With the Russian flagship Moskva hit by Neptune anti-ship missiles, the war appears to be taking a poor turn for the Black Sea Fleet.
Russian Flagship Seriously Damaged
The Rusian cruiser and Black Sea flagship Moskva was hit by two Neptune anti-ship missiles on April 13th, according to the Ukrainian government. The Russian MoD has claimed that the ship has been seriously damaged by fires and an ammunition explosion, with full evacuation of its 510 crew, though no reference was made to a Ukrainian strike. Distress signals were reported from the vessel.
Moskva is a 12,000 ton missile cruiser, launched in 1979 as the Soviet warship Slava. The vessel was reinstated as the flagship of the Black Sea fleet in 2000, after a 10-year refit spanning the first decade of post-Soviet Russia. It is the largest military vessel in the Black Sea.
Various reports indicate that the cruiser was operating in rough seas at the time of the strike, and may have been distracted by a Ukrainian drone while being targeted by shore-based anti-ship missile batteries.
The Moskva was originally intended to operate against US aircraft carriers, and carries 16 P-1000 Vulkan supersonic anti-ship missiles. These present a rather large target for incoming fire. Moskva also carries 64 S-300F Rif air defence missiles, which are rather more useful for the Russian military in this conflict, and contribute to the air defence screen around Crimea and Sevastopol. Judging by these reports, Moskva may be a total loss.
Analysts recently noted that the Moskva had fallen into a predictable pattern of movements. During the first weeks of the war, the Moskva participated in naval ‘demonstrations’ towards Odessa, escorting multiple smaller vessels and landing craft in feint attacks towards the coastline, in order to divert Ukrainian land forces to a coastal defence role (particularly on the 15th and 30th of March). During the very first week, Moskva participated in the capture of Snake Island, as well as the blockade of Odessa. Amphibious assaults in this region may have been deterred by minefields laid by the Ukrainians; several such mines have since drifted southwards towards the Dardanelles.
A Russian Orlan-10 drone was shot down near the combat fronts between Mykolaiv and Kherson. Explosions were also reported at Kherson airport.
The Russian Ministry of Defence claims to have fully secured Mariupol port. The remaining Ukrainian defenders (comprising soldiers from the 36th Naval Infantry Brigade and the Azov Brigade) appear to have withdrawn to the Azovstal industrial plant, believed to be a heavily fortified location. Yesterday’s partial surrender was confirmed in a statement by the defenders.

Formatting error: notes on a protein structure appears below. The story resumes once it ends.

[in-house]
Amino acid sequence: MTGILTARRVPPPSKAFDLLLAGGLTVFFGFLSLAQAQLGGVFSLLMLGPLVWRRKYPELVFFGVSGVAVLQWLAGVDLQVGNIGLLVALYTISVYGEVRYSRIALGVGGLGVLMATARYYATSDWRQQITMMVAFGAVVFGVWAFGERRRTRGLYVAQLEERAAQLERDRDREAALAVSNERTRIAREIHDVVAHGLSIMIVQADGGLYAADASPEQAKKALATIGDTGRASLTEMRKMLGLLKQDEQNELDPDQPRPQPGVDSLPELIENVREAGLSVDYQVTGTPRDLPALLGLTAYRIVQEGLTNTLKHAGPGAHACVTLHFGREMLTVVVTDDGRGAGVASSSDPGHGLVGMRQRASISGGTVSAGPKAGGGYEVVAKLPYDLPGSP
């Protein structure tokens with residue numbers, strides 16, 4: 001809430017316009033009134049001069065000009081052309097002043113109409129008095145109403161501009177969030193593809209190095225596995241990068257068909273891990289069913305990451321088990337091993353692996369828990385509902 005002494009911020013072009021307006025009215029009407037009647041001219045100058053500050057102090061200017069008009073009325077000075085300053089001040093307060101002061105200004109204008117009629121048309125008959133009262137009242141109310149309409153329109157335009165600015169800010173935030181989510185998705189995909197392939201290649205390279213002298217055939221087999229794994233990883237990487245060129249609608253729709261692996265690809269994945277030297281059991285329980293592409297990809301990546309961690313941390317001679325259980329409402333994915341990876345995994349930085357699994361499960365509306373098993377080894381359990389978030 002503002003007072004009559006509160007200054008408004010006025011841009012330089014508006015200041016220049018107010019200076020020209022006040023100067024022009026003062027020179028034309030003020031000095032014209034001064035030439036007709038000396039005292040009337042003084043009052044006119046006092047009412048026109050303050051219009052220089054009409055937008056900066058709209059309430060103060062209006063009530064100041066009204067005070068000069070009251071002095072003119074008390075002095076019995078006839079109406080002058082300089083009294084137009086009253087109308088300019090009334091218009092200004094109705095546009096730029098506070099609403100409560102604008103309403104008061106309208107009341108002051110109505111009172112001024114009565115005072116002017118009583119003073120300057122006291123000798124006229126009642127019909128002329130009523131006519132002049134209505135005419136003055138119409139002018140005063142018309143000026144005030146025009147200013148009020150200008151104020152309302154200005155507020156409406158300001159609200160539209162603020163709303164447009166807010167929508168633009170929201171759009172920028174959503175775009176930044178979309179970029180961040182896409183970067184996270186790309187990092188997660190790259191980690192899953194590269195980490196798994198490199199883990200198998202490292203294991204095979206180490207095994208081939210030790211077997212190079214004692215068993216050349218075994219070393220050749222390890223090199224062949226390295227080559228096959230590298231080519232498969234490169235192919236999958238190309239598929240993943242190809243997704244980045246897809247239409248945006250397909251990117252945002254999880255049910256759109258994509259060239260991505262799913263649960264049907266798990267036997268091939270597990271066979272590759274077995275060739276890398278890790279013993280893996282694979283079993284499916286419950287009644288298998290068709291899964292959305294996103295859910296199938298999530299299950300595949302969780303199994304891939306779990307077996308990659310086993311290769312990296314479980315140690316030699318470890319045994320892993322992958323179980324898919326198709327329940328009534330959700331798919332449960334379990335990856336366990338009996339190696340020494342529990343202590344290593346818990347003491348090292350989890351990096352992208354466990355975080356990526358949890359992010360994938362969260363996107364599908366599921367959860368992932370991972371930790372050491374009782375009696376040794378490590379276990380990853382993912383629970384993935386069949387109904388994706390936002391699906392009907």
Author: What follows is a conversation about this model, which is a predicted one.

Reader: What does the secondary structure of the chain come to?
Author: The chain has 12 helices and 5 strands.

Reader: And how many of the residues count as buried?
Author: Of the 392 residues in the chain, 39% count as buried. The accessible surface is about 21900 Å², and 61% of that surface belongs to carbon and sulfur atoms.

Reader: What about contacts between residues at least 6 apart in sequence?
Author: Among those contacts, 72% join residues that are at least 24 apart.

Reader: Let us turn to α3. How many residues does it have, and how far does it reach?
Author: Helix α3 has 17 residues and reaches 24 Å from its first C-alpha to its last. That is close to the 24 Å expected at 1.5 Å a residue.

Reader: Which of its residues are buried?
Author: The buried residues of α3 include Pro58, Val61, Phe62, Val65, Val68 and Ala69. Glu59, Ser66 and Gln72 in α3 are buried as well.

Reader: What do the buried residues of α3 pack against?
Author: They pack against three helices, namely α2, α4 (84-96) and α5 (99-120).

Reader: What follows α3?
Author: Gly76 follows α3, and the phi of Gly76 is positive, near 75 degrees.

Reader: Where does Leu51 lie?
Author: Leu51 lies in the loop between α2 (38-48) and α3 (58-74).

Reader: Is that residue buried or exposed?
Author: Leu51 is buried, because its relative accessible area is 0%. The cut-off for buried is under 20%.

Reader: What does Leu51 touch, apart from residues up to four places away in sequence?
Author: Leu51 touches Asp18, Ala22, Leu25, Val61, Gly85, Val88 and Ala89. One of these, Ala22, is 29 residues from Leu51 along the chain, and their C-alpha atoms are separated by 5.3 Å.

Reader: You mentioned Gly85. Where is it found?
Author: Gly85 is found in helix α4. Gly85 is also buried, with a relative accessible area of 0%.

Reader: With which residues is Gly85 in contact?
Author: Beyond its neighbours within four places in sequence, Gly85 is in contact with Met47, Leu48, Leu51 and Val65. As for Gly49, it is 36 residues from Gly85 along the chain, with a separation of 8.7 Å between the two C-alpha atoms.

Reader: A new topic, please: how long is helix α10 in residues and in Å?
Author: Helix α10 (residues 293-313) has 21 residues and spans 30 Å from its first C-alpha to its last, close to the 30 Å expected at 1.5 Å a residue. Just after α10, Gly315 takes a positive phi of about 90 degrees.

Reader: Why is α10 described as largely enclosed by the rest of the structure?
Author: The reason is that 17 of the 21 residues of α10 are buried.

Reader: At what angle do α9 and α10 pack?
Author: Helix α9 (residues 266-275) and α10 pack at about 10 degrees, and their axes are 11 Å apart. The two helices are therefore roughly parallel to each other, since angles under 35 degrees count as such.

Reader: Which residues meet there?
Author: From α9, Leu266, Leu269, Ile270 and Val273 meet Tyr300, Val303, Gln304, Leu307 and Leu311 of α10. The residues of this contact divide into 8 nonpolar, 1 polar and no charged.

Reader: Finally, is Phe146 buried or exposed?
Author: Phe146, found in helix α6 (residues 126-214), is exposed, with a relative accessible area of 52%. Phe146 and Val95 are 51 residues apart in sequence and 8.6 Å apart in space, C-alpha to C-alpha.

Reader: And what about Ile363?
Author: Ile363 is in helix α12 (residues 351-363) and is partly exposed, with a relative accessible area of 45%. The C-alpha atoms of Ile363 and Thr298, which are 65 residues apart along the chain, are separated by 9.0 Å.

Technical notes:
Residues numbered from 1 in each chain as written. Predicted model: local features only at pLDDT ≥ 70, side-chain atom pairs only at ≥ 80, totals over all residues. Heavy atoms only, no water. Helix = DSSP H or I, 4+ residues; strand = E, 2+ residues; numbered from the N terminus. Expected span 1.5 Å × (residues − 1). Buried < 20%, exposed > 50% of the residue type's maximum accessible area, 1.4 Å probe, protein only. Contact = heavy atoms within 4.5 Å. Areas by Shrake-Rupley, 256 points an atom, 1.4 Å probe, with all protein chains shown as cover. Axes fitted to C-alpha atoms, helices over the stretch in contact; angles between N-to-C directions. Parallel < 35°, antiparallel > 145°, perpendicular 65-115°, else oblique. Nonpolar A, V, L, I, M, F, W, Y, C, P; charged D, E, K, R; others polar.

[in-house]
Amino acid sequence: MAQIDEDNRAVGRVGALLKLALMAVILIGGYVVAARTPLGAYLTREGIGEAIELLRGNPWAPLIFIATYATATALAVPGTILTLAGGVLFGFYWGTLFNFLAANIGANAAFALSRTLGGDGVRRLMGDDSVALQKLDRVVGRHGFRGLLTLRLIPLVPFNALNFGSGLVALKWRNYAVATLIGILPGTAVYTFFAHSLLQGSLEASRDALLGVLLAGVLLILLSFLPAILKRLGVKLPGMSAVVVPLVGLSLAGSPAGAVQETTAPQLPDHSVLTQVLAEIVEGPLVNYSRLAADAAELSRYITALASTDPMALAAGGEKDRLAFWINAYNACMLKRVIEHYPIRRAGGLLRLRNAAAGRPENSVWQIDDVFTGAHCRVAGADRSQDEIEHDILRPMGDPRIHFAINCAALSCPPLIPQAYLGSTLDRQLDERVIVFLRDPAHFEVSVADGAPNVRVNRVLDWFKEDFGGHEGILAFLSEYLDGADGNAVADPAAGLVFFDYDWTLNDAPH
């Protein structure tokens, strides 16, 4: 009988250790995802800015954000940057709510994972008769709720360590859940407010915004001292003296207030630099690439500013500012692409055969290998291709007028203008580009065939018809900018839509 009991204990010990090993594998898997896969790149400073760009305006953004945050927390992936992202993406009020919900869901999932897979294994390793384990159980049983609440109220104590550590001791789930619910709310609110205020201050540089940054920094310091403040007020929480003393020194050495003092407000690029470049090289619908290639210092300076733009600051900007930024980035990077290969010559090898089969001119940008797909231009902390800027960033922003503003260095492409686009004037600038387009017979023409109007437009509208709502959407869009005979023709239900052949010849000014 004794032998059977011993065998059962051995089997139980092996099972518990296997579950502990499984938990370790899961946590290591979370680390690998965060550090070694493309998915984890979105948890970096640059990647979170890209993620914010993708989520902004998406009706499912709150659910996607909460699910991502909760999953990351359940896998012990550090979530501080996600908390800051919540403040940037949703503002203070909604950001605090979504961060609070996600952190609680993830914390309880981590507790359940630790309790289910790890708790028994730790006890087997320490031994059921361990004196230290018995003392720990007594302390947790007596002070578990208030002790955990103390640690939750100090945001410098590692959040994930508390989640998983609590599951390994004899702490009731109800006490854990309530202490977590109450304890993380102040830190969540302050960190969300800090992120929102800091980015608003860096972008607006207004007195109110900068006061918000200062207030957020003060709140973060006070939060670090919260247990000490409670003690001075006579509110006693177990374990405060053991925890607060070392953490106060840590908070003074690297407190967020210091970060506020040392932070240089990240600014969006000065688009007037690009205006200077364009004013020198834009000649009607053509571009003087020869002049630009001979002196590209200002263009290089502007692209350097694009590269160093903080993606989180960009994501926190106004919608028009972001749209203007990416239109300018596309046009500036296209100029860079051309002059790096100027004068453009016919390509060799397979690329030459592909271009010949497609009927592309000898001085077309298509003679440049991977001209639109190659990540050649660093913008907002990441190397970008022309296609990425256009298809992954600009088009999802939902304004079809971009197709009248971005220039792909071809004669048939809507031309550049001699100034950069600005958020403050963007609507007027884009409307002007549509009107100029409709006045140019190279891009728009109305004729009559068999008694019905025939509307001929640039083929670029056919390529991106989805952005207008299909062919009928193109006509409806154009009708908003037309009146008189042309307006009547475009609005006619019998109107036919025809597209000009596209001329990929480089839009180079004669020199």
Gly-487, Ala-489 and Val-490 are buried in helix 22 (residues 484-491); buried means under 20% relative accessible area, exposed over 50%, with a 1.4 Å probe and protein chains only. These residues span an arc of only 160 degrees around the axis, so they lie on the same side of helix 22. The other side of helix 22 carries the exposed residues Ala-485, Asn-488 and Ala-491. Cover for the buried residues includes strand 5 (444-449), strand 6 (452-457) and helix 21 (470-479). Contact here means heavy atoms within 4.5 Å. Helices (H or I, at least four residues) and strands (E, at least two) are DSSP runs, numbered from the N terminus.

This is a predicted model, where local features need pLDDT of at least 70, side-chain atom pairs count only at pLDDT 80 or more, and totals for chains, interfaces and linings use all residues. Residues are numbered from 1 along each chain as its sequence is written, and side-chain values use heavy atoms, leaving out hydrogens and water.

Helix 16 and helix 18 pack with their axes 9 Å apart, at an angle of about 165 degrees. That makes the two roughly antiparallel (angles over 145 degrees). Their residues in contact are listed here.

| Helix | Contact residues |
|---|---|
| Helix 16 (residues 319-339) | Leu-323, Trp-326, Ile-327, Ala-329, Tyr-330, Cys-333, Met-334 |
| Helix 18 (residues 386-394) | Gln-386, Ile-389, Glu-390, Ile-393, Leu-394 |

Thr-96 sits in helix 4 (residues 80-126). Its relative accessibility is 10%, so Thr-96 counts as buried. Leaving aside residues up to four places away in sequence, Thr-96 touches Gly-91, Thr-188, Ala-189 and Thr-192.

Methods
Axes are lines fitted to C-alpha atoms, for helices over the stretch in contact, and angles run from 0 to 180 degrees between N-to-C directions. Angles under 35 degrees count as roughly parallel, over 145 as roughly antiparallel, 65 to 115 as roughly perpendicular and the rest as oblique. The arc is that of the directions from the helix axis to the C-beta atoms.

Russian attacks continue towards Avdiivka, Krasnohorivka, and Velyka Novosilka.
Ukraine claims to have shot down two aircraft over the Kharkiv region. Footage is not yet forthcoming. In general, there has bee less footage from the East Donbas sector of the conflict recently, though this should not be taken as indicative of any reduction in the intensity of fighting.
A bridge north of Izyum was destroyed, as Russian vehicles were crossing.
Relentless Russian shelling continues in outlying districts of Kharkiv.
Footage shows Ukraine firing a new DANSA 152mm self-propelled howitzer.
In addition, a large shipment of US military equipment was declared recently, including 1,100 Switchblade ‘loitering munitions’.
At least 20 RM-70 MLRS systems have been shipped to Ukraine from the Czech Republic.
While the location is unknown, the following footage shows a Russian BM-21 Grad MLRS system destroyed by a US-supplied Javelin ATGM.
Russia has claimed that a border checkpoint near Kursk was shelled by Ukrainian troops. Meanwhile, a Ukrainian border checkpoint in Chernihiv oblast was allegedly attacked with small arms and grenades. The future of this borderline remains uncertain following the Russian withdrawal, with dispositions of both forces unclear.
Russia has stated that it will ‘begin to target Ukrainian decision-makers’, including President Zelensky, and command centres in Kiev if Ukrainian forces ‘continue to attack Russian territory’.
Sweden and Finland Accelerate NATO Talks
In a joint press conference, the Prime Ministers of Finland and Sweden discussed joining NATO following Russia’s invasion of Ukraine. Either or both countries may aim to apply before the next NATO summit in June.
Both countries have long remained non-aligned, however the war in Ukraine has revealed a stark disparity in the strength of conventional weapons wielded by NATO and Russia; the threat of Russian non-nuclear aggression towards Finland or Sweden would appear to be greatly diminished following the country’s struggles in Ukraine. Conversely, the benefits of NATO alignment have been shown clearly by the effectiveness of NATO-supplied weapon systems in Ukraine.
Were these countries to join NATO, however, they would have to commit significantly more public funding towards defence spending. The invasion of Ukraine has seen a windfall for the military-industrial complex, with German pledging an additional €100 billion, and other Western nations reappraising their defensive needs. This could prompt the beginning of a cautious arms race.
Photo Credit: Russian Ministry of Defence, mil.ru . CC-SA-4.0.